Taking Control of Your Dietary Composition Part 7

The first step in preparing a financial budget is to formulate goals after which you consider income and expenses to determine how much is left over for discretionary spending. The final piece of the puzzle is to figure out the best way to allocate this appropriation. When you prepare a structured eating program appropriate for your circumstances, a similar thought process is required. The first step is to set realistic goals with respect to what you are looking to achieve. Needless to say, eating foods that will optimize health should be at the top of this list, but you should also consider your body composition and how you'd like to alter it. For example, if you're looking to lose body fat, you should ingest less energy than you expend whereas if you're trying to gain muscle, you should ingest more. Regardless of this distinction, however, you will be left with a daily allotment of energy (measured in kilocalories; a.k.a., dietary calories or Calories with a capital "C") to ingest and it is only logical to appropriate this provision in the healthiest way possible.

The caloric content of food comes in three forms – protein, carbohydrate and fat. Each of these macronutrients is a necessary component of the diet and all contribute energy although not equally (fat is the most concentrated source with nine Calories per gram whereas protein and carbohydrate have four). In prior installments, I explained that it is critical to ingest an adequate amount of protein because it serves important functions in the body. However, this does not mean that the more protein you eat, the better off you will be. As I explained last time, research regarding whether excessive protein intake is harmful is equivocal, but there is no doubt that if you spend more Calories than necessary on this macronutrient, one or both of the others will be underrepresented. Given the current trend for high protein and fat intake, the left out macronutrient is often carbohydrates.

Low-carb diets are in vogue because of the belief that eating carbohydrates makes you fat. High carbohydrate intake is also often assumed to be linked to metabolic syndrome, a combination of disorders that can include cardiovascular disease, obesity, insulin resistance and diabetes mellitus. Considering the prevalence of this disease (e.g., a 2002 article in The Journal of the American Medical Association estimates that 47 million Americans are afflicted), it's no wonder that carbs have become macronutrient non grata. But before you swear off the pasta, you might want to consider recent research that suggests increasing protein intake at the expense of carbs for extended periods poses considerable health risks.

The belief that carbohydrates are more likely to make you fat is based on the observation that low-carb diets are often effective for fat loss. However, there is a flaw in this reasoning. Indeed, it is easy for carbs you eat to be stored as fat, but this is also the case for the other macronutrients. The bottom line is that if you ingest more energy than you expend, you will store the excess as fat regardless of the macronutrient that provides the surplus. One reason that a low-carb diet might promote fat loss is that there could be a tendency when severely restricting carbs in favor of protein and fat to not fully replace the Calories lost from the removed carbs with extra amounts from the other two macronutrients. Consequently, the caloric deficit required for fat loss is present. However, research doesn't appear to support this contention. For example, Bowman and Spence analyzed the diets of 10,000 Americans and found that those consuming a diet with 55 percent of energy from carbohydrates (an amount within the range of adequate intake according to USDA guidelines; i.e., 45-65 percent) ate the same amount of food in terms of weight, but ~200 fewer Calories per day compared to those who restricted carbohydrates to less than 30 percent. One reason might be that the higher carbohydrate diet contained twice the amount of fiber, which can contribute to a greater feeling of satiety.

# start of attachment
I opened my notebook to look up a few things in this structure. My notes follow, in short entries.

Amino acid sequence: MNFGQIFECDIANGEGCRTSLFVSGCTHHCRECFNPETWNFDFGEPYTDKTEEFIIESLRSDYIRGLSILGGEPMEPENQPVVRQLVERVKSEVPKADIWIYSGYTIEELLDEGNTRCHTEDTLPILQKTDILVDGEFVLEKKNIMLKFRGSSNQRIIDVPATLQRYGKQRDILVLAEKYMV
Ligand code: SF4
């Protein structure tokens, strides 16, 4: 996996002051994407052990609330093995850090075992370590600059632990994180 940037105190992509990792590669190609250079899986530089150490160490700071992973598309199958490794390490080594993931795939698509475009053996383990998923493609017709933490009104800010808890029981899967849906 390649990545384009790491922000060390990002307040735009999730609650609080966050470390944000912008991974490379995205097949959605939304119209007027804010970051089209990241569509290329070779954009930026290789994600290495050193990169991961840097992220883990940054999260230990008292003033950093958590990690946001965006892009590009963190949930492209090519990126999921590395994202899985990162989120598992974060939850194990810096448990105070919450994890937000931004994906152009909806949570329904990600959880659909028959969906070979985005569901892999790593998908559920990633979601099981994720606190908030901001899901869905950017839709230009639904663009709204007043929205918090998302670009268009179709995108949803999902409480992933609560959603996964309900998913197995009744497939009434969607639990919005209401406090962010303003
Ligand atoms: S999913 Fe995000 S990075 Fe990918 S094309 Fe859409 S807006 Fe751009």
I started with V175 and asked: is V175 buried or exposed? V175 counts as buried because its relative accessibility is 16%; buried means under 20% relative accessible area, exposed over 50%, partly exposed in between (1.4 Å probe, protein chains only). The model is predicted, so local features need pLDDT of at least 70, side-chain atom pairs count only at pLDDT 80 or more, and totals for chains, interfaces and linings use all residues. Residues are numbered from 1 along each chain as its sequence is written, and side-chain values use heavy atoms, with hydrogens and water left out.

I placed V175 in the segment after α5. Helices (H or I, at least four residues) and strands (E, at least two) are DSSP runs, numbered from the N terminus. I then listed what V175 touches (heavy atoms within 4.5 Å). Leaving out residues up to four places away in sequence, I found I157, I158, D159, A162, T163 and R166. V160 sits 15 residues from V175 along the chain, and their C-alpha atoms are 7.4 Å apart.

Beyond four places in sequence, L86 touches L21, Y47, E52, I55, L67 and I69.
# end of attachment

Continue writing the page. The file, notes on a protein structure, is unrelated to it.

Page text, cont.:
Even if those who follow low-carb diets might be inclined to eat fewer Calories, using this as the basis for advocating such an approach misses the mark because it assumes an uninformed consumer. The take-home message from prior installments is that inherent homeostatic mechanisms that regulate the amount of energy we ingest have been circumvented as the act of eating has become more than a simple requirement for survival. Consequently, we cannot rely on our instincts to tell us how much food to consume. Instead, we have to do the math and with the caloric content of foods readily available on product packaging, restaurant menus and the Internet, doing so now is easier than ever. So, if a person knows they have to eat 2,000 Calories per day to achieve their objectives, they can do so in a calculated manner no matter which dietary path they choose. This means that the deciding factor should not be which diet fools you into eating less Calories, but which approach allows you to use the Calories you consume to best promote health.

This article was originally published in New Living Magazine, which can be accessed on-line at www.newliving.com




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